Kyle Basett, Chief Operating Officer, Altitude Control

Always Have Foresight for Crises

Never underestimate the importance of having the foresight to prepare for times of crisis. Always plan your supply chain around the probability of unfortunate events happening so that you will not be caught off-guard when they do.

Keep in mind that preparedness can make or break supply chain management, especially during a crisis. Thinking ahead will affect not only your organization but all the other people and businesses relying on your supply as well.

Josh Tyler, CEO, Tell Me Best

Understand Your Company’s Culture

One of the first things to understand is the company culture and how that will affect your career in SCM. Within most companies, there is a spectrum between a high-performance culture and a low-performance culture. Companies that are high-performance cultures have higher expectations, but also are more supportive of their employees. Low-performance cultures are the opposite; they have low expectations, but employees are not supported.

It is important to understand which type of culture your company has and to align your expectations accordingly. Don’t expect a company with a low-performance culture to promote you quickly or to provide you with the training and resources you need to grow. Conversely, don’t expect a company with a high-performance culture to promote you quickly or to provide you with the training and resources you need to grow, either. You need to understand your company’s culture before you can understand your role within it.

Luciano Colos, Founder and CEO, PitchGrade

Don’t Lose Your Composure

A profession in supply chain management can be anything but boring. A graduate just coming into the workforce has a ton to discover and learn. There will always be things that don’t go as planned, creating room for uncertainty and disruptions. This would undoubtedly create mental pressure, tension, and adversity. For example, it is possible a plant needs to go offline for an arbitrary inspection, or that crucial cargo from a dealer could be impeded, damaged, or forfeited in the process. Things can go awry at any step. You need to maintain your serenity and stability, which allows you to take immediate action to minimize the impact crises have on your clients and company.

Jason Vishnefske, President, Santa Barbara Chocolate Company

Learn Data Analysis Through Different Tools

You must learn how to do data analysis through different tools, especially big data. In today’s world, every company generates big data which needs special software to be analyzed and utilized for the company’s growth. Having the skill of analyzing such data will add to your profile. Your work will turn out to be a lot easier, and you will make big decisions efficiently and effectively with the results. Being in the field of supply chain management, you will handle important tasks which will need good analytical skills to support your decision-making.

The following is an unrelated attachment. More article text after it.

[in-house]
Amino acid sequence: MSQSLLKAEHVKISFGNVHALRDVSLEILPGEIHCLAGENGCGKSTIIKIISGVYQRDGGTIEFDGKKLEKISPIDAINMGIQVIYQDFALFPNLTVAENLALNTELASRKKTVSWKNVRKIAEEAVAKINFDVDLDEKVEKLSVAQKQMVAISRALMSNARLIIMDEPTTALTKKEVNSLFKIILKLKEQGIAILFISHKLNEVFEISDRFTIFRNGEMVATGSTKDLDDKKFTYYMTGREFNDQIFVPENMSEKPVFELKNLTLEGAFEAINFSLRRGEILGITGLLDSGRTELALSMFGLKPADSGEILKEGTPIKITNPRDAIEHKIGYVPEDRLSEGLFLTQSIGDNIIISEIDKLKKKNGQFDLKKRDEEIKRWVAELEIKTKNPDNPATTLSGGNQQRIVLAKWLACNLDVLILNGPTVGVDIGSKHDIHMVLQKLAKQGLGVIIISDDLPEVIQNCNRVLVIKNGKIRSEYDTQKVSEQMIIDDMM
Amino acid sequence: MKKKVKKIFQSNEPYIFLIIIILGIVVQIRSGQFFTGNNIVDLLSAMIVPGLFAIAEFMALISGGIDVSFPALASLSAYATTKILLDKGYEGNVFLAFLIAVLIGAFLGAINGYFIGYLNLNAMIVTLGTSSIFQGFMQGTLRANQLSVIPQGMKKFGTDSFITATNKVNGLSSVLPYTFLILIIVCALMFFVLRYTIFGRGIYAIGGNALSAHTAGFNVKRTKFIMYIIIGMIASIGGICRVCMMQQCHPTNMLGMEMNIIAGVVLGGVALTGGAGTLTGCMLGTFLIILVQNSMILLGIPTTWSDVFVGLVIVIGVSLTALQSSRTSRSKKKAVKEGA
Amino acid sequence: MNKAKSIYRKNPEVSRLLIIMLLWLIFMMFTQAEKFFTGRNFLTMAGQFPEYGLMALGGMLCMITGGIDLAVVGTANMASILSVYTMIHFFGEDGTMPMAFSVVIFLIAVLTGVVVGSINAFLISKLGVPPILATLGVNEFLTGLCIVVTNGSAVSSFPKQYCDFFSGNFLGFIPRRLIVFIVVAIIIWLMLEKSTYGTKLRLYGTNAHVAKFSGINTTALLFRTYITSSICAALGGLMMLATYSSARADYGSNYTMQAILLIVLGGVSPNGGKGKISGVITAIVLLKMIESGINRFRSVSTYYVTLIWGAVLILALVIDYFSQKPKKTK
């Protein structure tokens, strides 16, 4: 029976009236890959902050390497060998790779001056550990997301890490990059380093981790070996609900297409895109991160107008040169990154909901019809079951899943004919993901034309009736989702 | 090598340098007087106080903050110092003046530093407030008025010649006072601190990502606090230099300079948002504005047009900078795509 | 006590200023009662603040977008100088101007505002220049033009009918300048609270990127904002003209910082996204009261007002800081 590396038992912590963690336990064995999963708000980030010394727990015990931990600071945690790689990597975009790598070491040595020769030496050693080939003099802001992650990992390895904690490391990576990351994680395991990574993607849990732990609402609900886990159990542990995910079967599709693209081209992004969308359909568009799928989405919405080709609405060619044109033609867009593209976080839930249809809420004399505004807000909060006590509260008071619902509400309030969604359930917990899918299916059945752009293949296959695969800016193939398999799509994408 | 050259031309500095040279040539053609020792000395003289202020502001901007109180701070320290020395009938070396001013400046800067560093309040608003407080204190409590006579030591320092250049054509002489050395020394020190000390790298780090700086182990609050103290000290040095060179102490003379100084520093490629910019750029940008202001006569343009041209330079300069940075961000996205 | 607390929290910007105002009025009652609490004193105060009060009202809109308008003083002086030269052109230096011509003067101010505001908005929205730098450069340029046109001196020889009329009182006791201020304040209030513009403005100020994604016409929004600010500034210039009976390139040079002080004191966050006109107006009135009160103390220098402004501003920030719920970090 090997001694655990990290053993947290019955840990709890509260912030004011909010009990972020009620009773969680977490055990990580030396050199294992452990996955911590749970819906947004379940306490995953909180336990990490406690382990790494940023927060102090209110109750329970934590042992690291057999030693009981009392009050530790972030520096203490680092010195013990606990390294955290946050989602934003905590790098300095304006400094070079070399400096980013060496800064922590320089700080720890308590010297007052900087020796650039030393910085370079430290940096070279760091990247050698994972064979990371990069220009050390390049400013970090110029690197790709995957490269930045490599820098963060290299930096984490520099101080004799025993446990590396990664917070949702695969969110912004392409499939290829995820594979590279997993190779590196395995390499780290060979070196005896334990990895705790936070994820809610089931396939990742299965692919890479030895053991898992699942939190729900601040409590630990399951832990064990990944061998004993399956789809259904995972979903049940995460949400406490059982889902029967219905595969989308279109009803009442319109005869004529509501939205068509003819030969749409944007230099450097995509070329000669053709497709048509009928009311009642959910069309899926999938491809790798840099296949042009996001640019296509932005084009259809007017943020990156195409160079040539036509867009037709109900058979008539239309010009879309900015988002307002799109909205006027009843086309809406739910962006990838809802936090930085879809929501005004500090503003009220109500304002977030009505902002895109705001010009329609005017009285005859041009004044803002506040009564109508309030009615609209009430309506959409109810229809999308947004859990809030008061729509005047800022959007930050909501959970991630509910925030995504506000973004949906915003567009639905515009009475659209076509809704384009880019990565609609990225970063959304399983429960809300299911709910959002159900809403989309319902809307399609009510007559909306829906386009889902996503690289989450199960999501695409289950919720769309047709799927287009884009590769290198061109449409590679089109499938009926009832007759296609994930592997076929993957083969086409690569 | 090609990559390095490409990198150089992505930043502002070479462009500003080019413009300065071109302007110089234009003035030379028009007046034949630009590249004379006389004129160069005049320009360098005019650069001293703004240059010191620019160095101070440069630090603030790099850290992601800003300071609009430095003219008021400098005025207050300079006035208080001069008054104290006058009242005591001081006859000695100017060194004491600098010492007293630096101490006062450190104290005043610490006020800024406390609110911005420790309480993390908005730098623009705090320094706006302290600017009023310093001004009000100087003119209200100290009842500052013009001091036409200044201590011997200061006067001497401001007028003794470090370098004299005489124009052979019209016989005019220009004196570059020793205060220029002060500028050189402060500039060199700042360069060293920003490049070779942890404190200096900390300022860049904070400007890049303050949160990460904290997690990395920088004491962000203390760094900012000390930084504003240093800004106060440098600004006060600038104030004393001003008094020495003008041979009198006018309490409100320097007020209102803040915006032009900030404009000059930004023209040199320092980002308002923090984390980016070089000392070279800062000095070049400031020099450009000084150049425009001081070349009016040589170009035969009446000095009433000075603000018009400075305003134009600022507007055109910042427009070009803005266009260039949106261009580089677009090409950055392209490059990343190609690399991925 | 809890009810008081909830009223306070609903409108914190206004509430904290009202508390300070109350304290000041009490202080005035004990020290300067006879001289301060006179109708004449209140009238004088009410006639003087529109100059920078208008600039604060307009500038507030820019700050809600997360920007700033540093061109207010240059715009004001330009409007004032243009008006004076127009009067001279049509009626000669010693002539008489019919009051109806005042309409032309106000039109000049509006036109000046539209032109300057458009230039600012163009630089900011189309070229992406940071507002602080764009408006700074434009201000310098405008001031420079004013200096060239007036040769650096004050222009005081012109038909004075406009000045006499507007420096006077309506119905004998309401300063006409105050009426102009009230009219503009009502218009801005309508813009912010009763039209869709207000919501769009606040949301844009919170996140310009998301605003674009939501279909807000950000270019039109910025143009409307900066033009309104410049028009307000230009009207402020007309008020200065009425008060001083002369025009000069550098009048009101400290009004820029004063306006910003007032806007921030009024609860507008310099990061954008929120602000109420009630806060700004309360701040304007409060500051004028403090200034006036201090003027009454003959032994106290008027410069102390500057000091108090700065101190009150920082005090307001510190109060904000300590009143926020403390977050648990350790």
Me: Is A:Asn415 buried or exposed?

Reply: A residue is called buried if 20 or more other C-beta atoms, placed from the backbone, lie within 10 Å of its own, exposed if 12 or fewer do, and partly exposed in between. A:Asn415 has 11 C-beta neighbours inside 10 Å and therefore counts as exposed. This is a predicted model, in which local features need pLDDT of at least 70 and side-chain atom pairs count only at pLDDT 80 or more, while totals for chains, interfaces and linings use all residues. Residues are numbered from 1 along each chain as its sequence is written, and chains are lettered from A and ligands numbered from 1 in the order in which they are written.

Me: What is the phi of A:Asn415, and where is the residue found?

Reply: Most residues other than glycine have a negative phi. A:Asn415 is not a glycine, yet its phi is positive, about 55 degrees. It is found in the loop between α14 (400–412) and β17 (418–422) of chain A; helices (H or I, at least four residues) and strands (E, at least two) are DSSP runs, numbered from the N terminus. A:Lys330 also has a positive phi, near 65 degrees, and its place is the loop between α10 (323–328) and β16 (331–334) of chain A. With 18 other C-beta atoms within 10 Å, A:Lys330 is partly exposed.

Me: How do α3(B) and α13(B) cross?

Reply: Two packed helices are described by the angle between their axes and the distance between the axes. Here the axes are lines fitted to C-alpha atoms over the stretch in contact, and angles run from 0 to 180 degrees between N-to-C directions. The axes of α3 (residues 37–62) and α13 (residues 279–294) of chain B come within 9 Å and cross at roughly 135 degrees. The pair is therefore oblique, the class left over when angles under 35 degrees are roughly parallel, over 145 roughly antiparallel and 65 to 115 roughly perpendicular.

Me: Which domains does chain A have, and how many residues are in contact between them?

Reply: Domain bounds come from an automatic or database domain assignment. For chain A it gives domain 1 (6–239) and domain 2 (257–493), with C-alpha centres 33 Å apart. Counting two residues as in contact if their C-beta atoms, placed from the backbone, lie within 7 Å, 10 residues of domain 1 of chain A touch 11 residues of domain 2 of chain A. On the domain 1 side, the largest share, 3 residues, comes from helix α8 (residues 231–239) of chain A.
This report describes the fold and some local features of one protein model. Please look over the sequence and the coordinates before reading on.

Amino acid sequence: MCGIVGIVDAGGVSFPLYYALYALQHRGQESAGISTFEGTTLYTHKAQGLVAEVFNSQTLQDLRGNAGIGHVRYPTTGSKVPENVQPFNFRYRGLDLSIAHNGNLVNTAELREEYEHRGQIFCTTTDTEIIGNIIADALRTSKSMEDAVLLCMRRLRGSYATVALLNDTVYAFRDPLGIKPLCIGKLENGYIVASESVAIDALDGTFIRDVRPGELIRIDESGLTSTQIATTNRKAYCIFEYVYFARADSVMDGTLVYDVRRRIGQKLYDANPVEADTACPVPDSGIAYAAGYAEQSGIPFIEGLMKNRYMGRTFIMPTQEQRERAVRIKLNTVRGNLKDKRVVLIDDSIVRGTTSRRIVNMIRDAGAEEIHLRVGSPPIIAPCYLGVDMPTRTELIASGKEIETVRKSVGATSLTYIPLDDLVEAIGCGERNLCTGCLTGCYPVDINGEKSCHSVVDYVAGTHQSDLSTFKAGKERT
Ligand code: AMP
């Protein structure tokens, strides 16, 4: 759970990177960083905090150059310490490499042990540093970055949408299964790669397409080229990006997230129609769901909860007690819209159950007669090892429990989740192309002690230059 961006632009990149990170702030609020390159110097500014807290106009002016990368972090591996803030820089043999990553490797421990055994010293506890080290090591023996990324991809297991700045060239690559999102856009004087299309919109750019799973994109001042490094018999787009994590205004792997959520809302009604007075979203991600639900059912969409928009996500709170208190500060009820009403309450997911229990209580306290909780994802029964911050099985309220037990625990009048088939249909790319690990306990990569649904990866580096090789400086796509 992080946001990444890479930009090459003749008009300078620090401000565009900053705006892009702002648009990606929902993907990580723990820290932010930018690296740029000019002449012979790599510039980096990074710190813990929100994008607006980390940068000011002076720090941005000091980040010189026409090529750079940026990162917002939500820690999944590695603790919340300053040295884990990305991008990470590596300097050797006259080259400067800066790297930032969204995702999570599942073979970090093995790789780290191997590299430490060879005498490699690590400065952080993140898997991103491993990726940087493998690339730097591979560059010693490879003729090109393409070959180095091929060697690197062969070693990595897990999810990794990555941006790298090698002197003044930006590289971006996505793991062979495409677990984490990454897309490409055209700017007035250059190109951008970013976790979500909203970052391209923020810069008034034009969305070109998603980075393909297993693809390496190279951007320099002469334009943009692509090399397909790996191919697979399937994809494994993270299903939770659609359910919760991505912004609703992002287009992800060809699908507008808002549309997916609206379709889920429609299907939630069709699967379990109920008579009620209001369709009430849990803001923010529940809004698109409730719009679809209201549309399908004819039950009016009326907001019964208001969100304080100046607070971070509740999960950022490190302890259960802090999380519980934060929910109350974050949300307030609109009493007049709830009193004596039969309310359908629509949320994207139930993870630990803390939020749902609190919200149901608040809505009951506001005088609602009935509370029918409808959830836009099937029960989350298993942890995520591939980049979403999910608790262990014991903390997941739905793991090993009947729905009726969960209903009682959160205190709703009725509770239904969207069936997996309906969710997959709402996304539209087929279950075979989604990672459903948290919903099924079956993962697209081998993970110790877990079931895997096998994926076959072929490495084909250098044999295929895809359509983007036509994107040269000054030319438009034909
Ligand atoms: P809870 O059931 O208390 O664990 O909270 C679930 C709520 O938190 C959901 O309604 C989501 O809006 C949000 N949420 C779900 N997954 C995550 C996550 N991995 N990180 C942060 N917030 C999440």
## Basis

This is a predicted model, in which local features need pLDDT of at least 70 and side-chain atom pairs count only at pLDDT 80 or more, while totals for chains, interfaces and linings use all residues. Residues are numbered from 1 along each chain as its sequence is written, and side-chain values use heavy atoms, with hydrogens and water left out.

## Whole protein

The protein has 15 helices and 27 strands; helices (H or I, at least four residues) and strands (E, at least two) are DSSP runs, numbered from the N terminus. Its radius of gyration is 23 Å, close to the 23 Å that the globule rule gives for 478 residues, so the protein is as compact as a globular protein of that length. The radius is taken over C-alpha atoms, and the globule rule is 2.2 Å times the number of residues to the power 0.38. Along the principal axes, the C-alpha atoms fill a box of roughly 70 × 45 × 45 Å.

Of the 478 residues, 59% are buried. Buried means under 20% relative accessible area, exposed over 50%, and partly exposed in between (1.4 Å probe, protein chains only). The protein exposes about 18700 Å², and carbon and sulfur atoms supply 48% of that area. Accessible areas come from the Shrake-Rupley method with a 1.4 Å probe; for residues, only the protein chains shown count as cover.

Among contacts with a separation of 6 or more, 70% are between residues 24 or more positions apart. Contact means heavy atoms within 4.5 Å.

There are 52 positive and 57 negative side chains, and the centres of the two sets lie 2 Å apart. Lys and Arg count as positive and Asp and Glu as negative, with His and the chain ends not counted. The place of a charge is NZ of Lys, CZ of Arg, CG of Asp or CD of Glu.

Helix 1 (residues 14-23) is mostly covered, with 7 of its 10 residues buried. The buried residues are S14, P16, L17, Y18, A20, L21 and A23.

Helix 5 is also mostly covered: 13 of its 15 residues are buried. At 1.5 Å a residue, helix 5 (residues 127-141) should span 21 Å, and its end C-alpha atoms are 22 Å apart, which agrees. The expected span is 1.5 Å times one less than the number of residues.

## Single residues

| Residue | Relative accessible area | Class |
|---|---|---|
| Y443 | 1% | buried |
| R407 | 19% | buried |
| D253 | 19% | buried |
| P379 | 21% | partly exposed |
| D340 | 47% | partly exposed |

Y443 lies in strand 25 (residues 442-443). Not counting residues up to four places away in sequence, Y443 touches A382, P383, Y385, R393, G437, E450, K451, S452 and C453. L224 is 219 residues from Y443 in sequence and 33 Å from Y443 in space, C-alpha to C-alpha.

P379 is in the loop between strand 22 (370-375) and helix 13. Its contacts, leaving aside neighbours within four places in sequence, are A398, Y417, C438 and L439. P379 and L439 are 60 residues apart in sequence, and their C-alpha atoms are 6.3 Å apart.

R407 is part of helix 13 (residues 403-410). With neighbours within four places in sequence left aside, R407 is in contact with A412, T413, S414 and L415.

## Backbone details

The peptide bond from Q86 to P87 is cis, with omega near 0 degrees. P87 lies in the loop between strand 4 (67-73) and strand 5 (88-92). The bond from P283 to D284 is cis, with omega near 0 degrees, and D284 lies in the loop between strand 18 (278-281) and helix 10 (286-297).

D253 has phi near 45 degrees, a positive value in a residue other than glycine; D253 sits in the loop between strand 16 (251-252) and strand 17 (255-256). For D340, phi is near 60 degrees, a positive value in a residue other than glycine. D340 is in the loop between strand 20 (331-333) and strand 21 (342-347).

Roger Deutsch, CEO, Alcat-Europe

Develop a Strong Network

One of the most important things you can do for your career is to develop a strong network of contacts. These contacts can be invaluable when it comes to finding jobs, networking for business opportunities, and getting advice and feedback.

There are a few ways to go about developing your network. One is to join professional organizations related to your field. This can be a great way to meet other professionals in your industry and learn about new job opportunities.

Another way to develop your network is to attend industry events and conferences. These events are often excellent networking opportunities, as they provide a chance to meet people from all different parts of the supply chain industry.

Martin Seeley, CEO, Mattress Next Day

Understand ESG Scoring

A supply chain is only as strong and efficient as its weakest partner. Your organization’s environmental, social, and governance strategy will have a direct impact on the ESG score of your supply chain alliances. What are your carbon emissions? What is the social impact of your executive-level decisions? We are in a new era of corporate responsibility. Understanding the basics of ESG will make you a valuable asset at any organization you work with.James Scott, Founder, Embassy Row Project

Whether you’re still a student or just starting your first job search after graduation, Stukent is here to help you prepare for the workforce. Or, if you’re an educator, Stukent is here to help you prepare your students for the workforce with two brand new supply chain courseware that give your students hands-on, real-world experiences in your classroom.

To learn more about Stukent’s supply chain products, visit our website.